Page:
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Bettina
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If I take a bucket and begin filling it with tap water from a faucet, what would be the result if I kept moving the bucket up and down in the stream as it was filling verses keeping it stationary at the bottom of the stream. No water splashes out.

 

a) It would take less time to fill

b) It would take more time to fill.

c) It would take the same amount of time.

 

Bee

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If you're moving it up and down the same amount (that is, if the bucket isn't getting further and further away or closer and closer), then it would take the same amount of time. It must, as the same amount of water is coming out of the faucet per unit time, and all of it is going into the bucket. It will just fill slightly unevenly - faster when moving up, slower when moving down, but averaging exactly the same.

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The above is true if the bucket always starts at the lowest position. However, if you start the bucket very near the tap then it will fill up slightly quicker than if you start the bucket far away from the tap. Mostly, the extra time is accounted for by the duration it takes those first drops to reach the bucket. Close to faucet = short duration for first drops to hit. Far from faucet = longer duration for first drops to hit.

 

The movement of the bucket during the fill process has pretty much no effect.

 

However, the starting positions can, in fact, change the amount of time it takes to fill... Basically, because the water will take more time to go from faucet to bucket the farther away the bucket is.

 

You can eliminate that slight difference by having the water running and then putting it beneath the faucet (as opposed to placing the bucket underneath and then turning on the faucet as the next step).

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If there's no trick with the stream, I'm going to say that the bucket will fill faster if you hold it stationary, simply because you are creating air current by moving the bucket up and down, and that is going to cause a tiny extra amount of evaporation.

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The above is true if the bucket always starts at the lowest position. However, if you start the bucket very near the tap then it will fill up slightly quicker than if you start the bucket far away from the tap. Mostly, the extra time is accounted for by the duration it takes those first drops to reach the bucket. Close to faucet = short duration for first drops to hit. Far from faucet = longer duration for first drops to hit.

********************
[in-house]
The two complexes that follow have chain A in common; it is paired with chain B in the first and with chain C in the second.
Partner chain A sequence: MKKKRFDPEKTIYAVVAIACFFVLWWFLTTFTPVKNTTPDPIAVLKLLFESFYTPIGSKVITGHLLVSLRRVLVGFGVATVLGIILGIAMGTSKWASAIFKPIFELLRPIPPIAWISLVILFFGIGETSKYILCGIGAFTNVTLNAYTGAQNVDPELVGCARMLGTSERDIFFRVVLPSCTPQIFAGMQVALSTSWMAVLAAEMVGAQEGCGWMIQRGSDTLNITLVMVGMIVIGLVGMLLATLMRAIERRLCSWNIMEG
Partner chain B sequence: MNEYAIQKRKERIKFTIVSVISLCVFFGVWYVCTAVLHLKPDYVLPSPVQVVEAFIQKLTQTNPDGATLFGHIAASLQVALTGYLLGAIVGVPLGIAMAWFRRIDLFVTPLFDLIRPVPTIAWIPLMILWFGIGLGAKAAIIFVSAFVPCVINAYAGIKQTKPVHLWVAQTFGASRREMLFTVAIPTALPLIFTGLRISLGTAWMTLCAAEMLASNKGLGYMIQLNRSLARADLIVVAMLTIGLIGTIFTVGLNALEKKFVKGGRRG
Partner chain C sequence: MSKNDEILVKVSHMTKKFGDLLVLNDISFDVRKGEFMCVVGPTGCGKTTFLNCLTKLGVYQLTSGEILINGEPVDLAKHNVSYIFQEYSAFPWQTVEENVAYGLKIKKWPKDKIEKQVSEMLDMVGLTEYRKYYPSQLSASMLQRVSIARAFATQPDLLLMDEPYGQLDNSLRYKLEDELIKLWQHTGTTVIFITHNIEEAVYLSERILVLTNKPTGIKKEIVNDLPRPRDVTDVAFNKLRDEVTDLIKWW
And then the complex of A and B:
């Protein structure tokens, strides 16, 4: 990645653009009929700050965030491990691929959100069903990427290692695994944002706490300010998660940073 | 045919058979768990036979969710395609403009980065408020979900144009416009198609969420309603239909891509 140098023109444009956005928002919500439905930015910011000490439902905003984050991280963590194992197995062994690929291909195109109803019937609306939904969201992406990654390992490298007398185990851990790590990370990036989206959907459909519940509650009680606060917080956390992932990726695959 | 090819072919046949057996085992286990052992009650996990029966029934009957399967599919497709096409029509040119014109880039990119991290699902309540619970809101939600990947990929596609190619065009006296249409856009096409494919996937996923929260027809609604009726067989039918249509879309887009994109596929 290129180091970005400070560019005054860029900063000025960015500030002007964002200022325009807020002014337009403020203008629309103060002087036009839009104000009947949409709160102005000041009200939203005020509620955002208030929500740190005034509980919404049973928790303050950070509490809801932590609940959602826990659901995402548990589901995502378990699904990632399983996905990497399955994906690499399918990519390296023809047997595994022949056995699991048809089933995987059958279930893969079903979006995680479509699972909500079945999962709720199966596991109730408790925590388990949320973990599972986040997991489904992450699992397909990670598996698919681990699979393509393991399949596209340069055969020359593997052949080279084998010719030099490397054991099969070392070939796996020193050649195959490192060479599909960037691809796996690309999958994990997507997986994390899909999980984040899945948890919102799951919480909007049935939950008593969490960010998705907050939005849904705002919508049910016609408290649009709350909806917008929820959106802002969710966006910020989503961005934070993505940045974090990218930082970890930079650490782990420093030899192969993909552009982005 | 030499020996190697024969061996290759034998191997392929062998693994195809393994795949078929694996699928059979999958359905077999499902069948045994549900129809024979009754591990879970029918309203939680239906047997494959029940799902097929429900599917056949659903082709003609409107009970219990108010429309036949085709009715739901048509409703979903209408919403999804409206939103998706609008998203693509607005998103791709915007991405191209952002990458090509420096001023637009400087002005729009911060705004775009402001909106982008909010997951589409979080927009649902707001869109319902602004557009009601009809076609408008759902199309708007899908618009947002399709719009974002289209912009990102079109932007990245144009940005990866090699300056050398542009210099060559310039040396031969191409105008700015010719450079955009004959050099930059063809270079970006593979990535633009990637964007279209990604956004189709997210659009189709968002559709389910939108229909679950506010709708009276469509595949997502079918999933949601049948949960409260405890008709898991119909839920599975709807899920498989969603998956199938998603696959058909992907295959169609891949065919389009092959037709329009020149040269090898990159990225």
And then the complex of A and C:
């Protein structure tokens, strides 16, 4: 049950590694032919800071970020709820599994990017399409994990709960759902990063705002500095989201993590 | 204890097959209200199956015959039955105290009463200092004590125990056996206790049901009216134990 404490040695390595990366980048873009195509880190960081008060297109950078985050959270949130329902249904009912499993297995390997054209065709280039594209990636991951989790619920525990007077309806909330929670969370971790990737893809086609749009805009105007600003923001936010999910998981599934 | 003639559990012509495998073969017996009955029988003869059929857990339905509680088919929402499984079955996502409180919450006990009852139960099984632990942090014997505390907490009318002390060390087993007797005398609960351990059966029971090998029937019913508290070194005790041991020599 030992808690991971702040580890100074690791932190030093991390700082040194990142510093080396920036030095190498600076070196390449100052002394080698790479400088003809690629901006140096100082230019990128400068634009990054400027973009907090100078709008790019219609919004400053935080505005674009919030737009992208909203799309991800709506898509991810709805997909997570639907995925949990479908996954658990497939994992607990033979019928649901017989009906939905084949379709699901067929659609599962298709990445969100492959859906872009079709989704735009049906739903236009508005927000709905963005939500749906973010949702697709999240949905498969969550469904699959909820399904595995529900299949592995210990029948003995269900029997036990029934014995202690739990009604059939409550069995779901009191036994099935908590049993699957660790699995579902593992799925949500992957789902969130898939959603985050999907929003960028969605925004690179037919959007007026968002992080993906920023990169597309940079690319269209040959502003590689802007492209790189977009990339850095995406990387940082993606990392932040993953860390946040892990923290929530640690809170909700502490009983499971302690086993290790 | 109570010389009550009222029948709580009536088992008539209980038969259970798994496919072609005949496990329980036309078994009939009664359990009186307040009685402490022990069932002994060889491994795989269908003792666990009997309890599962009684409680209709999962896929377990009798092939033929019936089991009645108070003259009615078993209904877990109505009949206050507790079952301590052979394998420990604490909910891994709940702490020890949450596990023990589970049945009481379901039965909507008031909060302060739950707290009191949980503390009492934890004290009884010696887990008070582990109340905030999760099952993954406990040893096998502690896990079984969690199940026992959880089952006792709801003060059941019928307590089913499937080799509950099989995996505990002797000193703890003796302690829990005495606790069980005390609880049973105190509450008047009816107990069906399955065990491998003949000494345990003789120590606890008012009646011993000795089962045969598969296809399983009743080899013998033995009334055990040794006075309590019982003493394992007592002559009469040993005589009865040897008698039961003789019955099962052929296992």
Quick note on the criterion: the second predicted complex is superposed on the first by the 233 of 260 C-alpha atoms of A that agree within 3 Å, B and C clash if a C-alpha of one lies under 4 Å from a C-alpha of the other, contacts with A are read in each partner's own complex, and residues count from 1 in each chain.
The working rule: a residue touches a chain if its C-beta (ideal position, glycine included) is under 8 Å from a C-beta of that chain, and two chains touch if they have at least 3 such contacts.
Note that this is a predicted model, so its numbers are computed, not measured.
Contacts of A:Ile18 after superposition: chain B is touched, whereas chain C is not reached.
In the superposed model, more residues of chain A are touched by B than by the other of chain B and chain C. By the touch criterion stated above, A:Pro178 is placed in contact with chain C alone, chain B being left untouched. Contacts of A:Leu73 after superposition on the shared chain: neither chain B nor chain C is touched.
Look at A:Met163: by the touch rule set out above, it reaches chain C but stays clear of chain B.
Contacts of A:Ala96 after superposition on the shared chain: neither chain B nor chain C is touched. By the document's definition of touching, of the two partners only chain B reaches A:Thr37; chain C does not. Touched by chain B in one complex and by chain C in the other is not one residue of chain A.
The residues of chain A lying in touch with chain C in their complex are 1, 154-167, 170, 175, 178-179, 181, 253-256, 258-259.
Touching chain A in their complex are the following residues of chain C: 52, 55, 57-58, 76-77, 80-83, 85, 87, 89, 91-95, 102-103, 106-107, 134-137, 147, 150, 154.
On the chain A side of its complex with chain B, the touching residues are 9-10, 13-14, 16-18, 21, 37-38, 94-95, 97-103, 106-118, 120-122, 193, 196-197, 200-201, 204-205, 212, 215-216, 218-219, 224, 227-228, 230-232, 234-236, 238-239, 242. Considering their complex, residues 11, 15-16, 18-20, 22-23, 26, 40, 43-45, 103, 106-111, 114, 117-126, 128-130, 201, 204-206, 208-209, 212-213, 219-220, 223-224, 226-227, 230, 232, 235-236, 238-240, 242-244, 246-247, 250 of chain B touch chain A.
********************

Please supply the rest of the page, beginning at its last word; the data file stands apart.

The starting positions wouldn't matter. It would be the ending positions that matter. The first drops of water are going to make it there long before its full no matter what.

 

This can all be ignored, however, if you just say the faucet will have to be running for the same amount of time no matter what.

 

If the bucket is close to the faucet, the last of the water will only have to fall a short distance after the faucet is turned off, making the bucket itself full very slightly sooner than if it is farther away - by the time it takes water (or anything) to fall that extra distance. Where it started or how it has moved in the intervening time don't matter, though.


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If there's no trick with the stream, I'm going to say that the bucket will fill faster if you hold it stationary, simply because you are creating air current by moving the bucket up and down, and that is going to cause a tiny extra amount of evaporation.

 

But could that evaporation be considered "splashing out" on a molecular level, and thus be discounted by the terms of the question?

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But could that evaporation be considered "splashing out" on a molecular level, and thus be discounted by the terms of the question?
"Splashing" from a faucet into a bucket of water implies water pushing water out of the bucket to fall to the ground. Evaporation is air vaporizing water out of the bucket, to travel generally upwards.

 

If a splash doesn't splash *on* something, can it still be called a splash? :confused:

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I took the no-splashing as just a rephrasing of the standard no-funny-business clause for logic puzzles, so that it'd cover evaporation.

 

Either way, I think it'll fill slightly faster. Since being kept stationary the distance from the tap will always be at the maximum ("bottom of the stream"), but being moved the average distance will be around the average of the minimum and maximum distance.

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"Splashing" from a faucet into a bucket of water implies water pushing water out of the bucket to fall to the ground. Evaporation is air vaporizing water out of the bucket, to travel generally upwards.

 

If a splash doesn't splash *on* something, can it still be called a splash? :confused: